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Jeremiah 36:28-30

Context
36:28 “Get another 1  scroll and write on it everything 2  that was written on the original scroll 3  that King Jehoiakim of Judah burned. 36:29 Tell King Jehoiakim of Judah, ‘The Lord says, “You burned the scroll. You asked 4  Jeremiah, ‘How dare you write in this scroll that the king of Babylon will certainly come and destroy this land and wipe out all the people and animals on it?’” 5  36:30 So the Lord says concerning King Jehoiakim of Judah, “None of his line will occupy the throne of David. 6  His dead body will be thrown out to be exposed to scorching heat by day and frost by night. 7 

1 tn Heb “Return, take another.” The verb “return” is used in the sense of repetition “take again” (cf. BDB 998 s.v. שׁוּב Qal.8). The idea is already contained in “Get another” so most modern English versions do not represent it.

2 tn Heb “all the former words/things.”

3 tn Heb “first [or former] scroll.”

4 tn Or “In essence you asked.” For explanation see the translator’s note on the end of the verse.

5 tn Heb “You burned this scroll, saying, ‘Why did you write on it, saying, “The king of Babylon will certainly come [the infinitive absolute before the finite verb expresses certainty here as several places elsewhere in Jeremiah] and destroy this land and exterminate from it both man and beast.”’” The sentence raises several difficulties for translating literally. I.e., the “you” in “why did you write” is undefined, though it obviously refers to Jeremiah. The gerund “saying” that introduces ‘Why did you write’ does not fit very well with “you burned the scroll.” Gerunds of this sort are normally explanatory. Lastly, there is no indication in the narrative that Jehoiakim ever directly asked Jeremiah this question. In fact, he had been hidden out of sight so Jehoiakim couldn’t confront him. The question is presented rhetorically, expressing Jehoiakim’s thoughts or intents and giving the rational for burning the scroll, i.e., he questioned Jeremiah’s right to say such things. The translation has attempted to be as literal as possible without resolving some of these difficulties. One level of embedded quotes has been eliminated for greater simplicity. For the rendering of “How dare you” for the interrogative “why do you” see the translator’s note on 26:9.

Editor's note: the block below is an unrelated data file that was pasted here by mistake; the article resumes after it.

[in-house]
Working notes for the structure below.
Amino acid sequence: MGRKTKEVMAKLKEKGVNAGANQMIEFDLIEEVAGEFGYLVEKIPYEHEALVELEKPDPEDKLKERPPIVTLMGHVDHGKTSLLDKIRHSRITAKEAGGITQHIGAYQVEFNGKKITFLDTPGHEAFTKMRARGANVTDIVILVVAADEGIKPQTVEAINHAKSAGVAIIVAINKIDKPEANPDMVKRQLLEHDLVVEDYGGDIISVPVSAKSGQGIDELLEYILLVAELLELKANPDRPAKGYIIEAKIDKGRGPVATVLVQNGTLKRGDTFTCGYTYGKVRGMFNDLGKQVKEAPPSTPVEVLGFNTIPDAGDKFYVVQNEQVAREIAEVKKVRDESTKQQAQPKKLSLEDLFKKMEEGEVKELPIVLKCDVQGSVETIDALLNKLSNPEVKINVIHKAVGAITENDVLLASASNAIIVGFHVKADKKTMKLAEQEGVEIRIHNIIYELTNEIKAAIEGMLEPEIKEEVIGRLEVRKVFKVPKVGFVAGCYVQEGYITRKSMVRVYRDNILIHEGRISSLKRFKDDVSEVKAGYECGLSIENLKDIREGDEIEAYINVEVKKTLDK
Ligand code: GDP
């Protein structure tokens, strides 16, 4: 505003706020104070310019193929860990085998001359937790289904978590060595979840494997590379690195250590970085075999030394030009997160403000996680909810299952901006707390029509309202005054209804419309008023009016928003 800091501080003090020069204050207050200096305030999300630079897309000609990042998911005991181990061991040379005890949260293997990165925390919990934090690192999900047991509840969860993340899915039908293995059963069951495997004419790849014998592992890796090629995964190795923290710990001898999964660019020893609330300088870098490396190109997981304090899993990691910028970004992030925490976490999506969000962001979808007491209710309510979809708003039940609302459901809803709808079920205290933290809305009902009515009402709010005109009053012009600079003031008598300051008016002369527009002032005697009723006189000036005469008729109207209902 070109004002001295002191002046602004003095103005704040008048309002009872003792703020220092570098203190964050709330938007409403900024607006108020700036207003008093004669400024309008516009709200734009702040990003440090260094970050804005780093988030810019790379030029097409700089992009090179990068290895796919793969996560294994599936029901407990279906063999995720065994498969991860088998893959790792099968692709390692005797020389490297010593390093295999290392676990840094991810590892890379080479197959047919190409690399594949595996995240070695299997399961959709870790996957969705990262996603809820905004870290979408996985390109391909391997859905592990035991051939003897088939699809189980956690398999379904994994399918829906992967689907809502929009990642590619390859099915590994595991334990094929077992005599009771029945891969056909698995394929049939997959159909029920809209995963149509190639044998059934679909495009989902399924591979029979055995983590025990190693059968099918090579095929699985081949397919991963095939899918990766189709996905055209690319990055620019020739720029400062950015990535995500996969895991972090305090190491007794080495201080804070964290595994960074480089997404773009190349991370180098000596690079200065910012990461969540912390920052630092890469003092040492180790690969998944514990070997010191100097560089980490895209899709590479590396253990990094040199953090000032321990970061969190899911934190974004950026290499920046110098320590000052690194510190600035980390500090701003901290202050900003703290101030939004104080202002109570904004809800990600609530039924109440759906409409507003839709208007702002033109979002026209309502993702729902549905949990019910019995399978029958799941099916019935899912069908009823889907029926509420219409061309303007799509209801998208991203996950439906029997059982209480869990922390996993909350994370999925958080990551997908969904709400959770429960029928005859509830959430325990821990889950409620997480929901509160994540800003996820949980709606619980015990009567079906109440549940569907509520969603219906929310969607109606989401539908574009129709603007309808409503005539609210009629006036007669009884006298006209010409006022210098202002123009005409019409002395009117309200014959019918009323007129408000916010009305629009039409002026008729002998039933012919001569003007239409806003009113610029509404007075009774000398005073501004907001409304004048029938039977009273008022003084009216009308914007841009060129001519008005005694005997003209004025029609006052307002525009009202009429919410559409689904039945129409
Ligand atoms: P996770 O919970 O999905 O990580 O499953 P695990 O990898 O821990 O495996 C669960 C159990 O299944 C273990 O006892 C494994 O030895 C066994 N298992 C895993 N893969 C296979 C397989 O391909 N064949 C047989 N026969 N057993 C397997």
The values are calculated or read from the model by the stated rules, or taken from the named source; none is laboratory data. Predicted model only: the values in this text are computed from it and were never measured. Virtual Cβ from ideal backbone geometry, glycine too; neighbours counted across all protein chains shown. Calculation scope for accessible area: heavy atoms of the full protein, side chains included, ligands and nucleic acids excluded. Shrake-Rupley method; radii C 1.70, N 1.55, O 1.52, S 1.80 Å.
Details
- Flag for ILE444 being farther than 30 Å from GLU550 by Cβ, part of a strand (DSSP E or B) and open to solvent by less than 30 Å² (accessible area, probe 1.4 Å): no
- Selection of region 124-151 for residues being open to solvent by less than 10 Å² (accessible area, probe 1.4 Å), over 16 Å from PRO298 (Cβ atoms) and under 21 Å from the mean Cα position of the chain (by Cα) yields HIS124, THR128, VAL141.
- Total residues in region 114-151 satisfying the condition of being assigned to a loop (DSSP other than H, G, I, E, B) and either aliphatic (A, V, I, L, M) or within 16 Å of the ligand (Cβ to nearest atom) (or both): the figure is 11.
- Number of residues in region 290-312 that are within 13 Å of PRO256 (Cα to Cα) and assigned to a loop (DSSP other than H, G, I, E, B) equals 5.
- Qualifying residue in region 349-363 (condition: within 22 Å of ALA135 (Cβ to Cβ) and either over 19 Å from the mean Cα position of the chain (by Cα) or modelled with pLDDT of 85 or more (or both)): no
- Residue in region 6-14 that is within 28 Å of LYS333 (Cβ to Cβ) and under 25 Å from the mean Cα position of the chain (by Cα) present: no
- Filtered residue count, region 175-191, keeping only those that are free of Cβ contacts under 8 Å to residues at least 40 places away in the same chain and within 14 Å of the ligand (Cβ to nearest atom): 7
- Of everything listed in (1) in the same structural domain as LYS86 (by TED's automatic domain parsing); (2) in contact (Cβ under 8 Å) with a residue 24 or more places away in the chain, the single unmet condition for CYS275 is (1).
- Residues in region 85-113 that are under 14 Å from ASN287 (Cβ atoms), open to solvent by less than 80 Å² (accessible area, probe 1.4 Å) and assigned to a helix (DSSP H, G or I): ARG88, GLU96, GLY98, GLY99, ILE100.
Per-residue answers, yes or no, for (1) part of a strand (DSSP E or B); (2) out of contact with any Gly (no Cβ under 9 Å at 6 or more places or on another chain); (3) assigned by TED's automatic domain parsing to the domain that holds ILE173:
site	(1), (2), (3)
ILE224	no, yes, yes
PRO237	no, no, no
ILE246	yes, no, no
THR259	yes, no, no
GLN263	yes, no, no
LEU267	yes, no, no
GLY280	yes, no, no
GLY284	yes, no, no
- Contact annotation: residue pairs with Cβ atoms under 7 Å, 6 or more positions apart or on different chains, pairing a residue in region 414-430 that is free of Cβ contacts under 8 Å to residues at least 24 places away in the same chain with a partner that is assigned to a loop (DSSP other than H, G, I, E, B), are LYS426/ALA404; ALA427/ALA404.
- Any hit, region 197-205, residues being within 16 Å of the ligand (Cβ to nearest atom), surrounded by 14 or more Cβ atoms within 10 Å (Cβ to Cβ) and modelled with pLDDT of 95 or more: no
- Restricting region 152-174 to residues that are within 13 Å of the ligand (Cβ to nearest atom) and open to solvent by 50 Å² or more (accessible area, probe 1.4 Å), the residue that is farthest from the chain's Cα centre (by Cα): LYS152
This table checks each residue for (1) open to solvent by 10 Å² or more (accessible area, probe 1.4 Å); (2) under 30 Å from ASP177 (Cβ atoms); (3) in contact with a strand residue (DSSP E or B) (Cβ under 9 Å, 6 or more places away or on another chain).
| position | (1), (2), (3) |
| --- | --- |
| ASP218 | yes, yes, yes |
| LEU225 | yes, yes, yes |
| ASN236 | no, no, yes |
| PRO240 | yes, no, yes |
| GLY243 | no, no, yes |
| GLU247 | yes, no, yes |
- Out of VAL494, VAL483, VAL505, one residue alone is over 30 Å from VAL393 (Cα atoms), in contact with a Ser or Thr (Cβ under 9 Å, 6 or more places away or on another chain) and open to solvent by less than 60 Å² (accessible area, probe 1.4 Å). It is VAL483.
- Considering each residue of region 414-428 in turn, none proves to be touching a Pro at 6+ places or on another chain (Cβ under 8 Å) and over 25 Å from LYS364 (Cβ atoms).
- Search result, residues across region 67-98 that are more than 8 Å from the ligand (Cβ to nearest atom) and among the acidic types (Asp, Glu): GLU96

6 sn This prophesy was not “totally” fulfilled because his son Jehoiachin (Jeconiah) did occupy the throne for three months (2 Kgs 23:8). However, his rule was negligible and after his capitulation and exile to Babylon, he himself was promised that neither he nor his successors would occupy the throne of David (cf. Jer 22:30; and see the study notes on 22:24, 30).

7 sn Compare the more poetic prophecy in Jer 22:18-19 and see the study note on 22:19.



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